The peasants are revoltingThe Peasants are Revolting

Mr. Vianna then argues that handling the feedback of those unwashed ISO users is just too difficult for TC 176. He alleges to be an “aviation, space and defense” expert, and yet cannot imagine a process by which aviation engineers and rocket scientists — along with their counterparts in automotive and countless other industries — can possibly “review, reconcile, group and act upon” a 1% rate of user feedback.

Imagine that 10% of organizations certified to ISO 9001 were to offer 1 comment back to the TC 176 on the ISO 9001:2015 standard. That would represent 110,000 comments to be dispositioned by the TC 176. Do you have any idea on how long it would take for 110,000 comments to be reviewed, reconciled, grouped and acted upon?

Apparently, Mr. Vianna was not aware that ISO utilizes the professional survey firm Nielsen — the same firm that manages billions of TV ratings data points — to crunch numbers for ISO.

He continues, expanding his argument against the democratic process itself.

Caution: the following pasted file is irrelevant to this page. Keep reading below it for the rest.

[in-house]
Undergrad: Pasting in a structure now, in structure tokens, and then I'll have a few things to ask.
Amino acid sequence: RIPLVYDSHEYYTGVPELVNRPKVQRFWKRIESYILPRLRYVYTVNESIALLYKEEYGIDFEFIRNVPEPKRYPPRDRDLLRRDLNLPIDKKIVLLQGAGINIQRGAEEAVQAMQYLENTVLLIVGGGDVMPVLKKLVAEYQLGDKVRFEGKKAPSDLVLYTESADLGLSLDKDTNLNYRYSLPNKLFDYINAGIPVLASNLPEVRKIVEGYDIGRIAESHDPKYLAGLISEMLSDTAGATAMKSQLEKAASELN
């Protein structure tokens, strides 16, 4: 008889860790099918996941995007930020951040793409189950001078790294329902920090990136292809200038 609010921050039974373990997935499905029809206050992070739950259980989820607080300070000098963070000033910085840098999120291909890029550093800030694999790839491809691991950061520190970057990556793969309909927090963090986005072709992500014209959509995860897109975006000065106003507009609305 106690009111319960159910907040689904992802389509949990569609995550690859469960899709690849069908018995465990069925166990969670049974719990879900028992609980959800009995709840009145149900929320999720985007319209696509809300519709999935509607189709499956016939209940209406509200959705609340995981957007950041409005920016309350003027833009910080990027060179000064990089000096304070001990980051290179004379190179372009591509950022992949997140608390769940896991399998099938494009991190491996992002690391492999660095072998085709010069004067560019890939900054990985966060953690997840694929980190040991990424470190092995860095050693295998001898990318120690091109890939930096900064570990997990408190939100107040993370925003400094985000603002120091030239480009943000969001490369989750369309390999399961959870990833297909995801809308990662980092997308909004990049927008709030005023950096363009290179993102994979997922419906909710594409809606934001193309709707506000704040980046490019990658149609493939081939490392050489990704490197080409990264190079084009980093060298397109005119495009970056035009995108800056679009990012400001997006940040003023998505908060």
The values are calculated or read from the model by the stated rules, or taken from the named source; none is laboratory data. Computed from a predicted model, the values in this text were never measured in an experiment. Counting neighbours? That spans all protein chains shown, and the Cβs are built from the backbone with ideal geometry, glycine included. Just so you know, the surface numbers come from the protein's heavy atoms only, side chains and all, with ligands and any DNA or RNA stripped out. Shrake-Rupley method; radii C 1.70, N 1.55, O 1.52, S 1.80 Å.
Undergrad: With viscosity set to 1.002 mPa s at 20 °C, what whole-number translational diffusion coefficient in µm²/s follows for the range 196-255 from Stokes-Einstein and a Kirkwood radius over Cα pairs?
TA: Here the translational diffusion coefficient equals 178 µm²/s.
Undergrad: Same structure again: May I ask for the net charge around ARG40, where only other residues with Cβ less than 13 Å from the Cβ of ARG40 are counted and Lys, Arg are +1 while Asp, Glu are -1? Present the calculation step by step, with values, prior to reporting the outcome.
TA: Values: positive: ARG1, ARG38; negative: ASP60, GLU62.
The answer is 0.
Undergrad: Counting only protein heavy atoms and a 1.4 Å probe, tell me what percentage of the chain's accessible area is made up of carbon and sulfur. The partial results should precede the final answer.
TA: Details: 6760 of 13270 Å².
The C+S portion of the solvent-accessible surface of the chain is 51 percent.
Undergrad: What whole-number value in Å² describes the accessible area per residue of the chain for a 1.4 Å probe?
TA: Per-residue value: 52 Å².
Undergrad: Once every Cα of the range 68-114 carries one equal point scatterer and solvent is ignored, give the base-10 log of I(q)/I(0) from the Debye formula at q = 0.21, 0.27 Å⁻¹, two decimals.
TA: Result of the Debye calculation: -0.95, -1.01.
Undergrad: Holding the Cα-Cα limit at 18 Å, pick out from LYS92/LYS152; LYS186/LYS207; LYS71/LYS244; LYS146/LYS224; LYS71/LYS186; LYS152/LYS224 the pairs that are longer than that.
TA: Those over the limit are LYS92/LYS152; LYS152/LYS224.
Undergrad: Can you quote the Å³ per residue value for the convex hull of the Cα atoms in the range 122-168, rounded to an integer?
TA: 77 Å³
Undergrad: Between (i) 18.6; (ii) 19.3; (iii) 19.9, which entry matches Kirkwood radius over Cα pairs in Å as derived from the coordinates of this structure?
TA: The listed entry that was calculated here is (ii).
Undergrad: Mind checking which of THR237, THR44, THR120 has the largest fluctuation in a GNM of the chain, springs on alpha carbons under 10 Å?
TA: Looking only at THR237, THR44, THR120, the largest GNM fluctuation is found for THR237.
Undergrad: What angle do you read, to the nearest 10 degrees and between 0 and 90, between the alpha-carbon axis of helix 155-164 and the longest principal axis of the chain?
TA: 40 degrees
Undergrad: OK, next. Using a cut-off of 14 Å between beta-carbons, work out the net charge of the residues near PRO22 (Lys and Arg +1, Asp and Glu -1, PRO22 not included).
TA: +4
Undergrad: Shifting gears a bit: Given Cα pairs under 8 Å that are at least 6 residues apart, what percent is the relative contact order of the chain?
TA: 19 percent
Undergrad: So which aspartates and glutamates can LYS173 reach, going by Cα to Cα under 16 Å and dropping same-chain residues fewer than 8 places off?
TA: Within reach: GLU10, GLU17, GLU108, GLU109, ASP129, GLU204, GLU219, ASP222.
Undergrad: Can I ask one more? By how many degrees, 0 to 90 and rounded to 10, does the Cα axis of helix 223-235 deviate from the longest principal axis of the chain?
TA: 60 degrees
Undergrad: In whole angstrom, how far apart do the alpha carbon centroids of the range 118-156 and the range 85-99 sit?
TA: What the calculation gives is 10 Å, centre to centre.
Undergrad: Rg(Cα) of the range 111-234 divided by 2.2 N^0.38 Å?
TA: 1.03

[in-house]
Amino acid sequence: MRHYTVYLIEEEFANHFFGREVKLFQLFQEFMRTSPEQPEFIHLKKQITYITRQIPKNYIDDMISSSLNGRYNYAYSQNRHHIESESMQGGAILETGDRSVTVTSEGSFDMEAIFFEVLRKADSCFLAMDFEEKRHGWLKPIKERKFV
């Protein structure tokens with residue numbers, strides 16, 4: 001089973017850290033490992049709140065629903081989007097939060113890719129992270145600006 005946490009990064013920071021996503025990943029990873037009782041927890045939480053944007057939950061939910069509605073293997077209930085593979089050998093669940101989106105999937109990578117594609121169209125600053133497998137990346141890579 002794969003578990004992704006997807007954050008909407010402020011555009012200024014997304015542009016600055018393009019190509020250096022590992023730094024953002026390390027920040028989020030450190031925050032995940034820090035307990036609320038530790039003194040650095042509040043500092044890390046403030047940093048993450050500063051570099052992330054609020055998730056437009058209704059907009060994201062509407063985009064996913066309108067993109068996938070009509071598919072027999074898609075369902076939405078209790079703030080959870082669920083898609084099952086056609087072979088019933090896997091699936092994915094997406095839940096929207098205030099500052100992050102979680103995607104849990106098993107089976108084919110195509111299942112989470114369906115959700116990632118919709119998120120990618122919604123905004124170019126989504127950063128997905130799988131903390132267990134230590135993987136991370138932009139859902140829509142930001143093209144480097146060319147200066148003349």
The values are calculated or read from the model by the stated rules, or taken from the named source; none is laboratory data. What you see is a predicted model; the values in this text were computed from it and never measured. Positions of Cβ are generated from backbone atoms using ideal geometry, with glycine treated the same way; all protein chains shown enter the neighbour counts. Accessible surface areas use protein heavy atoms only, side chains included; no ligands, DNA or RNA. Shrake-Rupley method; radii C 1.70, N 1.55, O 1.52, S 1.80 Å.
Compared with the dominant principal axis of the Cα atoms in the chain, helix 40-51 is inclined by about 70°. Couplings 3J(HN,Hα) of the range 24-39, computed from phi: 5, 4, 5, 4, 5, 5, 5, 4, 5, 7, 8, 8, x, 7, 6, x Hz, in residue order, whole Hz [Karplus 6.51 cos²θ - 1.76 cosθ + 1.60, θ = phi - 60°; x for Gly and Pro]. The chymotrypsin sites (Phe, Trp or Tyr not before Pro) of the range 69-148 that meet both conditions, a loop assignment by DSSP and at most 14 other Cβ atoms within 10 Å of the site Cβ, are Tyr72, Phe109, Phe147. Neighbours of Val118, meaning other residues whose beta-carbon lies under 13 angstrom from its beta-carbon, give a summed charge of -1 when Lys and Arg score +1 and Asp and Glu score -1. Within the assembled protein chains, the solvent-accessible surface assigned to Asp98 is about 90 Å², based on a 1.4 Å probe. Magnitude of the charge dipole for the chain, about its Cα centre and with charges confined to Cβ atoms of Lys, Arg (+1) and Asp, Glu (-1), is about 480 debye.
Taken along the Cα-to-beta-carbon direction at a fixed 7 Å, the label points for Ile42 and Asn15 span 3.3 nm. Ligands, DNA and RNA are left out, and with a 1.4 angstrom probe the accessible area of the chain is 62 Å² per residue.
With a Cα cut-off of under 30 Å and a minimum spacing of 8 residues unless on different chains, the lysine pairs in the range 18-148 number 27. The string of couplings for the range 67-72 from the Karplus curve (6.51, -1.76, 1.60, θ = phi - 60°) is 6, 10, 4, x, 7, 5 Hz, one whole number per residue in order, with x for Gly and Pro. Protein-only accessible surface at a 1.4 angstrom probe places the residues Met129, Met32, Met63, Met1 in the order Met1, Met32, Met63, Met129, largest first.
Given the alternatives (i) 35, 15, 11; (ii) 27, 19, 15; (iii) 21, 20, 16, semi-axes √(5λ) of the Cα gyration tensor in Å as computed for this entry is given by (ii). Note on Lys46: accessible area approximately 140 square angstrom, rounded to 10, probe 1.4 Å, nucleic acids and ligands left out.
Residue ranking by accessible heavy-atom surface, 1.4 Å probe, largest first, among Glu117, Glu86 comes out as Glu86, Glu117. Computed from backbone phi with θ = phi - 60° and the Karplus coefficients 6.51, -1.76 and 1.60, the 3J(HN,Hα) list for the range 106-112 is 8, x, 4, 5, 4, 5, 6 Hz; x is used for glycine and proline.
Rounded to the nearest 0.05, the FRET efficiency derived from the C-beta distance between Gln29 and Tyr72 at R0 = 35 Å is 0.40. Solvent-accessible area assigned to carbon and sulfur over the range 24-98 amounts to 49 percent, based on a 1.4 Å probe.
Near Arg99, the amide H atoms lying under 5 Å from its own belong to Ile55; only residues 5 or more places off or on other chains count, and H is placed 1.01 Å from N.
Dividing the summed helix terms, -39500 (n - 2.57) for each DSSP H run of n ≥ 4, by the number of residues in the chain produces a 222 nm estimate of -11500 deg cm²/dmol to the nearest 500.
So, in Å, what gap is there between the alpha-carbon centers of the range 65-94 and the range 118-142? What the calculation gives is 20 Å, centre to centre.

TC 176 has to strike a balance between transparency and “controlled conditions”. If they try to keep the early draft versions of the future ISO 9001 document too close to the vest of a few individuals, they will be accused of not listening to stakeholders. While “too much democracy and openness” can certainly kill any standards development process, minimum levels of transparency are necessary. As you might be aware, some of the influential people in TAG’s and TC’s are accused of benefiting financially from their involvement in those organizations via books, lectures, etc…

There are a few points in that quote that are worth examining. First, that someone who gives lectures on DNV’s dime (in order to promote DNV) and routinely writes for the quality magazines, is now talking about other people “benefiting financially” from their work on the standards bodies. There’s also a tone of irritation in that comment, that seems to reveal he’s more angry about being called out on such profiteering, than the profiteering itself. That would make sense.

Next, that “too much democracy and openness can certainly kill standards development.” I’ll let that one sit without comment, other than to say the phrase “too much democracy” rarely goes over well with the public.
It’s Only Cheating if You Do It